The New Public House
Formerly known as the Sunshine Inn, The New Public House has been catering to Blowing Rock tourists since the Great Depression. In response to the emergence of luxury resort Victorian hotels like the Green Park Inn and Mayview Manor, local merchant William Holshouser constructed the Sunshine Inn. His daughter, Ethel Burns, soon took over for her father. Insistent on not charging “fabulous prices,” she maintained William's vision until she retired in 1969. By offering a modest accommodation option, the Sunshine Inn provided an opportunity for the traveler of moderate means to seek a summer community in the North Carolina mountains. As of 2013, 239 Sunset Drive has been operating as The New Public House, offering a restaurant, bar, and a boutique hotel.
Backstory and Context
The New Public House & Hotel, named for traditional pubs of the past and after the New River, is a gathering place not only for Blowing Rock visitors, but also for the community.1 Since construction, the building has retained its original function as both a restaurant and an inn. When Ethel Burns retired, she sold the property to Kathryn Lawrence who later sold it to Sue and Jim Byrne.2 It remained the Sunshine Inn until 1994 when Jimmy Crippen bought the building from the Byrnes and renamed it Crippen's Country Inn and Restaurant.3 In 2013 it was purchased by Cobb and Cindy Milner who renovated the building and renamed it The New Public House.4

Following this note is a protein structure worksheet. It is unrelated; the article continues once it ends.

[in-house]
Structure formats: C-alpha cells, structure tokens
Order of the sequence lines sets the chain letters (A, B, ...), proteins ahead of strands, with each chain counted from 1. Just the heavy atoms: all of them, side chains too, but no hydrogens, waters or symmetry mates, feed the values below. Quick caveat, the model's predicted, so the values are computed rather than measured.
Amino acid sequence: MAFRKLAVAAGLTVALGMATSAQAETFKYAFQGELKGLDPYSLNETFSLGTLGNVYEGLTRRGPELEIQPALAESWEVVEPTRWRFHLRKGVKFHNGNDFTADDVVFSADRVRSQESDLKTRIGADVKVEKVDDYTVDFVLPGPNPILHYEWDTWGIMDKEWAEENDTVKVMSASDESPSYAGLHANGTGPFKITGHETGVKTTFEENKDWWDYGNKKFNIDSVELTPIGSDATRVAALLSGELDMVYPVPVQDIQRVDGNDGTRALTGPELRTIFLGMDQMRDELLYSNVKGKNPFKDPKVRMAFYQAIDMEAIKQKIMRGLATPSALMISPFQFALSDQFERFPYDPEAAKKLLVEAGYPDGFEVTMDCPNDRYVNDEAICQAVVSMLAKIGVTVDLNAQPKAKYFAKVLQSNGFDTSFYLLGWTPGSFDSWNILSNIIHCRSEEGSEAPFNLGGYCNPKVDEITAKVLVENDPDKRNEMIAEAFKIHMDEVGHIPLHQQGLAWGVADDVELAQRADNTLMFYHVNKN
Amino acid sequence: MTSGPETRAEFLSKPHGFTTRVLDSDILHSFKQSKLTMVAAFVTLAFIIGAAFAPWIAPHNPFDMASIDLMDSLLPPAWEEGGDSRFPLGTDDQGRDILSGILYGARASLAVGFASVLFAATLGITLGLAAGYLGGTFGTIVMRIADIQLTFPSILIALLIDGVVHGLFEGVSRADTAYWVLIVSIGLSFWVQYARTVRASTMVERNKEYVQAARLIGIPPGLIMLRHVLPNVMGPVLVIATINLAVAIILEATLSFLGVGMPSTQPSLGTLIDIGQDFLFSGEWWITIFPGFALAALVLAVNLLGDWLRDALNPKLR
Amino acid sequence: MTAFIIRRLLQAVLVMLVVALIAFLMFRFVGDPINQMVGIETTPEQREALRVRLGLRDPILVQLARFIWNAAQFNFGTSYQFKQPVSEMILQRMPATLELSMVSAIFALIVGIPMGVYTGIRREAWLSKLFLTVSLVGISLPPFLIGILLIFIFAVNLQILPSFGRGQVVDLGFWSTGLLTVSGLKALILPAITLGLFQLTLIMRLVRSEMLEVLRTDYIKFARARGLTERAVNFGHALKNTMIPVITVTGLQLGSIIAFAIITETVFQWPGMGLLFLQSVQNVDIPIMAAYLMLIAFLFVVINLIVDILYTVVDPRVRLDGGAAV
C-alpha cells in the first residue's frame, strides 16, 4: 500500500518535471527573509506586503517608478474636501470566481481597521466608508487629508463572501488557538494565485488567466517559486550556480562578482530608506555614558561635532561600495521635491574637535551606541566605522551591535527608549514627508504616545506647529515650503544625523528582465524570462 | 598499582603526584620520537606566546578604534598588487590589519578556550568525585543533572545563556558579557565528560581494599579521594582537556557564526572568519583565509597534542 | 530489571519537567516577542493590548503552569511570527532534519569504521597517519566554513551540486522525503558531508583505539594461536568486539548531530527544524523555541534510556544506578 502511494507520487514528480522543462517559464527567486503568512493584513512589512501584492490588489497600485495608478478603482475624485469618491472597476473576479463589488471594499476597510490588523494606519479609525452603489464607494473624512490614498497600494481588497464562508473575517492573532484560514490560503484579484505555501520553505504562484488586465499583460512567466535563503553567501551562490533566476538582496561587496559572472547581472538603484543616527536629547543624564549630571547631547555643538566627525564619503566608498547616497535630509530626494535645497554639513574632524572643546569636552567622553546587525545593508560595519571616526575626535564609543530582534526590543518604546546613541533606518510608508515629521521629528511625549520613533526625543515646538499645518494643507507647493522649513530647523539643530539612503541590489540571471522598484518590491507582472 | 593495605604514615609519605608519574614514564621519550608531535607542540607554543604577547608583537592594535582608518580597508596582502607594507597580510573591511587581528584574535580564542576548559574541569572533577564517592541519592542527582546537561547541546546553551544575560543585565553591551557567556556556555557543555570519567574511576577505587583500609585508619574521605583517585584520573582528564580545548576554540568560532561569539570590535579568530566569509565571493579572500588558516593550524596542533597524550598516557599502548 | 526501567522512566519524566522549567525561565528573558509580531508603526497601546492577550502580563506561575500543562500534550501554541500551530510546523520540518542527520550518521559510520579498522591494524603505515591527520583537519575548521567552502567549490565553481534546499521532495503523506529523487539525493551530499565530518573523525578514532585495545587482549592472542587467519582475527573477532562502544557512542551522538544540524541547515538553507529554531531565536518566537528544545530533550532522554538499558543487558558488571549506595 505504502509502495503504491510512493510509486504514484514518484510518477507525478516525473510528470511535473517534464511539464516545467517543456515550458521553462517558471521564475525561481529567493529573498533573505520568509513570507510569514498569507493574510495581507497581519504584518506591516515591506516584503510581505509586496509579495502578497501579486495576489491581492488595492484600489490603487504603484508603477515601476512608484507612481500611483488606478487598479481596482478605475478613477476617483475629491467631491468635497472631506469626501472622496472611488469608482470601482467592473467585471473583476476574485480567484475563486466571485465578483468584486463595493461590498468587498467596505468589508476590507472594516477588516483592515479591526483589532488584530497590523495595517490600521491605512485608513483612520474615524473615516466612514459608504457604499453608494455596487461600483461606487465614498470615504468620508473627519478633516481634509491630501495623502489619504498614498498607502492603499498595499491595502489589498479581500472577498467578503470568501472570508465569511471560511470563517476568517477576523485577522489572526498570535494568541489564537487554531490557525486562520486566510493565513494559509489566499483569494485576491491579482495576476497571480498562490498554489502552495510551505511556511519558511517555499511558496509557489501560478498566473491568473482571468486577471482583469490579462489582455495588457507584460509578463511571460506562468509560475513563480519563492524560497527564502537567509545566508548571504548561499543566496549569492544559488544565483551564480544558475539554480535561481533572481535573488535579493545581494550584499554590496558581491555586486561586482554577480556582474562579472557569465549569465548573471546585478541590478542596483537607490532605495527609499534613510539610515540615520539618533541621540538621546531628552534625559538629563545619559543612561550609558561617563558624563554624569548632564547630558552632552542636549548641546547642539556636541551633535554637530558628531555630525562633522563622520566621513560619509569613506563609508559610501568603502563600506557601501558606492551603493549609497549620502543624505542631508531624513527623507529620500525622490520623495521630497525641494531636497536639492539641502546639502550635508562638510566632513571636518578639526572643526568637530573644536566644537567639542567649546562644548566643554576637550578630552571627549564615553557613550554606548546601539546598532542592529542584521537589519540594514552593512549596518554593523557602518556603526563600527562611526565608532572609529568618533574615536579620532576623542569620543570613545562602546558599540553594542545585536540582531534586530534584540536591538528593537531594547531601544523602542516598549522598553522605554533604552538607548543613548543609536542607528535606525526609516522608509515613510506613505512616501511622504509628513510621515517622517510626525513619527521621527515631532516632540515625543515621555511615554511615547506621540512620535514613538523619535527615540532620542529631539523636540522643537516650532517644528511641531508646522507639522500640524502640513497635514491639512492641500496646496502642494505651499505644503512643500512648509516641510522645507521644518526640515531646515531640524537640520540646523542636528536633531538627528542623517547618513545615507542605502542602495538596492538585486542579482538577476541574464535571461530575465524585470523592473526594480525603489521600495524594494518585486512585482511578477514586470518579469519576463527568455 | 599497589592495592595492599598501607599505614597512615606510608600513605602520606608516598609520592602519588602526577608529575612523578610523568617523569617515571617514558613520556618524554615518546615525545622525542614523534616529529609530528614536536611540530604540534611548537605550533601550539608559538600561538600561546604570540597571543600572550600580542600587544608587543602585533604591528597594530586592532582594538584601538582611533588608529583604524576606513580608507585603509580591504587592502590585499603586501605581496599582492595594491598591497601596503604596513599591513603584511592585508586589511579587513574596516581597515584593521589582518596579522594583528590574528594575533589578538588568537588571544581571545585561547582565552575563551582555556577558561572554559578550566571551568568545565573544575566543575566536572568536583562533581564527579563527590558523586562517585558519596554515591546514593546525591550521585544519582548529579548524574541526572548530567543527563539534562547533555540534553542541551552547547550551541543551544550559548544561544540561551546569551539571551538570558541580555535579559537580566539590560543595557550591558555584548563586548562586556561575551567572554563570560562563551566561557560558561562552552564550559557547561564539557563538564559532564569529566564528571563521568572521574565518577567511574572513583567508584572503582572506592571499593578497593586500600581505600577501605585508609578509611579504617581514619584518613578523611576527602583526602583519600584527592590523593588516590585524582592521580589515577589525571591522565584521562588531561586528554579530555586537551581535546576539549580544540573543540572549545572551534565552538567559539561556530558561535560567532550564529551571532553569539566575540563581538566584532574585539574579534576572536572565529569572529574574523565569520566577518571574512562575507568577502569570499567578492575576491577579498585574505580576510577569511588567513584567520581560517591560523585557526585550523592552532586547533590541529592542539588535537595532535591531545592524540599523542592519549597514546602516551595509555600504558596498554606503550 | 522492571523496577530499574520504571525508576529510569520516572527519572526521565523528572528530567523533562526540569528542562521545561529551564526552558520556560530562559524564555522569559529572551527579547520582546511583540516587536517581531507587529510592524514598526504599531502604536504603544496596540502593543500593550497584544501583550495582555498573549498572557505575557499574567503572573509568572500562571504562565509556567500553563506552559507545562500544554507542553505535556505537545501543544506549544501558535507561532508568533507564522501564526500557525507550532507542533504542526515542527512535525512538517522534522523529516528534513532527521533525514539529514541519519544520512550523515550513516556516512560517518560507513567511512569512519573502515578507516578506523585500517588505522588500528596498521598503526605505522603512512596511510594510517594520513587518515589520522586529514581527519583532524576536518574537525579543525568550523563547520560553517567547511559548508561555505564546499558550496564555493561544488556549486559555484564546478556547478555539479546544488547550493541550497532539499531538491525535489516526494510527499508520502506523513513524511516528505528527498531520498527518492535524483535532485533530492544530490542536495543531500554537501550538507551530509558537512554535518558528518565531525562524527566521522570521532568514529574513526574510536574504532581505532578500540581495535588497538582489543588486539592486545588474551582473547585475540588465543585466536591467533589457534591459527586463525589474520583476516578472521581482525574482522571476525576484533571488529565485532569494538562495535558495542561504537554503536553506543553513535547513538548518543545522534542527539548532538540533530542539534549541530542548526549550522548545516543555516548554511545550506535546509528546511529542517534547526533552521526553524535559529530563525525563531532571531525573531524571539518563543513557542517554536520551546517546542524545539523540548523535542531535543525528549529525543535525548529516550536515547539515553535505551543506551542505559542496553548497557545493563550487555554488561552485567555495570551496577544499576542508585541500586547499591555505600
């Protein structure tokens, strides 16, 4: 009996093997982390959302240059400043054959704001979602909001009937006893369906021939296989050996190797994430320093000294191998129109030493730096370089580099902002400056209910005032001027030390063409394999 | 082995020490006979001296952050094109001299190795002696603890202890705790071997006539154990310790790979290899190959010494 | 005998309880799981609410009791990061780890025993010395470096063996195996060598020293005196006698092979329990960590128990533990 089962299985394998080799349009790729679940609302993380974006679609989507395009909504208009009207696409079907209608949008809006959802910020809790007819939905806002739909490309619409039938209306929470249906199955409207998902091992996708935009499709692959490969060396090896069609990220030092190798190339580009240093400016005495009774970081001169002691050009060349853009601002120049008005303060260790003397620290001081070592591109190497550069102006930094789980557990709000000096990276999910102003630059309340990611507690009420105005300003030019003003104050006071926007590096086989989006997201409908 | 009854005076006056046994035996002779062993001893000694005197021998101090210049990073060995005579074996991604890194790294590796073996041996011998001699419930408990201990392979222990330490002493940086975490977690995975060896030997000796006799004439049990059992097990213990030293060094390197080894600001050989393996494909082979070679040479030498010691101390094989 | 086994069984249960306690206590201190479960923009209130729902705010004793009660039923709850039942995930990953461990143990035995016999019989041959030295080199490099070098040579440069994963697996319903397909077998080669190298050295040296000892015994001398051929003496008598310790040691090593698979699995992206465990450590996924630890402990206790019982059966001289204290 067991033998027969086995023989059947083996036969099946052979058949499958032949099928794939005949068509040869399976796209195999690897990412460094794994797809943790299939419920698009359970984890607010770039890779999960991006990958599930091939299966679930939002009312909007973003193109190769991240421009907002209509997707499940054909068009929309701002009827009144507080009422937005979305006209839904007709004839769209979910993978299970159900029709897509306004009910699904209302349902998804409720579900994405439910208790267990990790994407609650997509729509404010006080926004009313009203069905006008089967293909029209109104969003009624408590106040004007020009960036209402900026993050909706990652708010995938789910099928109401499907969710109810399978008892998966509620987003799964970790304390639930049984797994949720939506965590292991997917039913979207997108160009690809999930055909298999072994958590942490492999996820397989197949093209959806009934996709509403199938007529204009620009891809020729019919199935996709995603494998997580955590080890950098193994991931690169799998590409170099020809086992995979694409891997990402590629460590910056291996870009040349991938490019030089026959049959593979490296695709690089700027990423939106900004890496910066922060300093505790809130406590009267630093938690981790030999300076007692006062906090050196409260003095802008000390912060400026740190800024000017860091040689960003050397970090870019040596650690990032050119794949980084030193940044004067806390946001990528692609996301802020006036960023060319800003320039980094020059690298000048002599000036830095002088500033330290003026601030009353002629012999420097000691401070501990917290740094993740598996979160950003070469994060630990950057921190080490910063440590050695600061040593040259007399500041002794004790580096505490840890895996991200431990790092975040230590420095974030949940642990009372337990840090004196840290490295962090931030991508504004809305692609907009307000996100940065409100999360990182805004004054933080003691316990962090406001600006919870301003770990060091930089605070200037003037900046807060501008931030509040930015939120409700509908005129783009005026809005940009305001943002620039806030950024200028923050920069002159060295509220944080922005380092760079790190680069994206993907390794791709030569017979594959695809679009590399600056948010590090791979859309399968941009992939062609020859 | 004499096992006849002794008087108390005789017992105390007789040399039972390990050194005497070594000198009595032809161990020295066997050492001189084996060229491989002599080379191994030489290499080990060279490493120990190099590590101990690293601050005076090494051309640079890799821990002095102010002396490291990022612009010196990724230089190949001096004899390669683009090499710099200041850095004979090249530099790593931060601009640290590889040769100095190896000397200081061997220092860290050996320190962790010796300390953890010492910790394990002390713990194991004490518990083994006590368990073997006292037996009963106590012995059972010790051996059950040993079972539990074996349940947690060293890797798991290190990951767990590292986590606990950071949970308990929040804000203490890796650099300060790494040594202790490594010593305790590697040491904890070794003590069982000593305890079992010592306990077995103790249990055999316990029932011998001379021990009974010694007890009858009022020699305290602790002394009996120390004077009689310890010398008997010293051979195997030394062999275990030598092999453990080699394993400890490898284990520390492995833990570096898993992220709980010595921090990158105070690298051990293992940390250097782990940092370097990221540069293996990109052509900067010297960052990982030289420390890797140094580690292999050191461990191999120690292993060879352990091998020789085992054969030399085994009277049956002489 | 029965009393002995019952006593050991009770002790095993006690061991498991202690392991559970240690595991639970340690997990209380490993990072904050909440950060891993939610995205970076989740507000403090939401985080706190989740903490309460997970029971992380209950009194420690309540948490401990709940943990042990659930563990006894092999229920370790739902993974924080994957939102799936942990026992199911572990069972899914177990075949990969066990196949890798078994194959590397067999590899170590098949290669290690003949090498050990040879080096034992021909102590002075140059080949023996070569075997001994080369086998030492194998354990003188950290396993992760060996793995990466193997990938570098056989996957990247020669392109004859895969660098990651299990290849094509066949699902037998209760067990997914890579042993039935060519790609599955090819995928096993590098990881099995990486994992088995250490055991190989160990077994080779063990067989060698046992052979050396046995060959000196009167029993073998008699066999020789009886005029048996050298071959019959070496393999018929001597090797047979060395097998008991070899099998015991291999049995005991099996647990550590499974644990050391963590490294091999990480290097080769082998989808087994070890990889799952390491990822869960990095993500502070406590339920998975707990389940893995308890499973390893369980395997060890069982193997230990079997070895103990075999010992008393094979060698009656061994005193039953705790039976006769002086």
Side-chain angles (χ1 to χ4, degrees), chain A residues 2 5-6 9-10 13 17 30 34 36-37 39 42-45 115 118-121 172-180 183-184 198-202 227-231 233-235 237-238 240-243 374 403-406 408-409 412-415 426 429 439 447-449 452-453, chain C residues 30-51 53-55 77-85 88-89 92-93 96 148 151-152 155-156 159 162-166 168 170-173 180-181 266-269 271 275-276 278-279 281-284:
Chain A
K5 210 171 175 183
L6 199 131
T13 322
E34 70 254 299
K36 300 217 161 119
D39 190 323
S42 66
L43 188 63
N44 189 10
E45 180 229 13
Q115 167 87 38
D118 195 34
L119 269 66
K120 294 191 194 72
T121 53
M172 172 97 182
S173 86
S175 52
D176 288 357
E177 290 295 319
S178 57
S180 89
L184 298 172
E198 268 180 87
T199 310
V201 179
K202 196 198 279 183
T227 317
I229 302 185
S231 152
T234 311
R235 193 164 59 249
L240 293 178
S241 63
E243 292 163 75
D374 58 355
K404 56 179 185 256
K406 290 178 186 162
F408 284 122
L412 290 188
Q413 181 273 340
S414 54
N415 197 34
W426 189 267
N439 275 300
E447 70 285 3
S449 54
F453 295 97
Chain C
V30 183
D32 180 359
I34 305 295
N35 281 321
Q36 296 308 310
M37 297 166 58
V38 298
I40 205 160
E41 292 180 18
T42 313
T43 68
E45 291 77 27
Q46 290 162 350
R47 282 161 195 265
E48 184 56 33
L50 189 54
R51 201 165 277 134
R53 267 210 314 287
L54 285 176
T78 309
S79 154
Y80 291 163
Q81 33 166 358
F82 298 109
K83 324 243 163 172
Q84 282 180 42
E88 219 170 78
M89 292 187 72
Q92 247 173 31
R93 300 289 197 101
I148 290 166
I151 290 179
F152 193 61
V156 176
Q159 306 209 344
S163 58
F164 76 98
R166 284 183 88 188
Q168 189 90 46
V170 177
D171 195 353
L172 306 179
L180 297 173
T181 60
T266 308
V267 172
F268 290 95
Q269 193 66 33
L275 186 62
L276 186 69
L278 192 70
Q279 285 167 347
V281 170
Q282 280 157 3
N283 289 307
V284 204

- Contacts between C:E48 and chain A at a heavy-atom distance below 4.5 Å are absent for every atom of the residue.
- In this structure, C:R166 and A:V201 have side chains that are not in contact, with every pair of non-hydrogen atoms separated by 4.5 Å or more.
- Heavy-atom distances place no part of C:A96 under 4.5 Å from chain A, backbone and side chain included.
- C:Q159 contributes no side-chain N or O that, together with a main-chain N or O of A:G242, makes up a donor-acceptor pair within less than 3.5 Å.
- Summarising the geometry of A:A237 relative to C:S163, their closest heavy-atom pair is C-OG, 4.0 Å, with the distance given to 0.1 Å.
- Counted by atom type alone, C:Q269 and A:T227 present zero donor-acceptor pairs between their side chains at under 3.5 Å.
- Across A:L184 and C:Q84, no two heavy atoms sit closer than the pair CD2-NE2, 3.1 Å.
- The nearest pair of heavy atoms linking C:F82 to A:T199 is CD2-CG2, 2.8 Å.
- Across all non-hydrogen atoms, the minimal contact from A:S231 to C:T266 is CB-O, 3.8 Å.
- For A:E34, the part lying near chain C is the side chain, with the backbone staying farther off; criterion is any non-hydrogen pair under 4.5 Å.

Sources vary as to the date of completion, but construction likely began in 1928.5 Blowing Rock saw a tourism boom in the 1930s due to the construction of the Blue Ridge Parkway, the development of local tourist attraction “The Blowing Rock,” and promotion of the area by both the neighboring town of Boone and the town of Blowing Rock.6 Anticipating an influx of visitors with the Parkway's completion, town improvements included resurfacing Sunset Drive, Sunshine Inn's street, with crushed stone.6 Completed no later than 1931 by local Blowing Rock merchant William L. Holshouser, the Sunshine Inn was built in the bungalow style, complete with German siding, fieldstone, and brick pillars framing the front porch entrance.7
Ethel Burns, Holshouser's daughter, recalls in a 1975 interview that her life always involved the “summer people.” Before the influx of local hotels and boarding houses, she often slept on the floor when her family offered her room to a tourist. Her father later decided to build an inn that would provide “summer residents” of more moderate means with an accommodation option so they could enjoy the famous climate and scenery. Ethel officially came into the tourist business in 1929 when she began work at the Sunshine Inn, a career that lasted forty years. Holding to these principles passed down to her by her father, Ethel kept her prices down despite the increase at neighboring establishments.8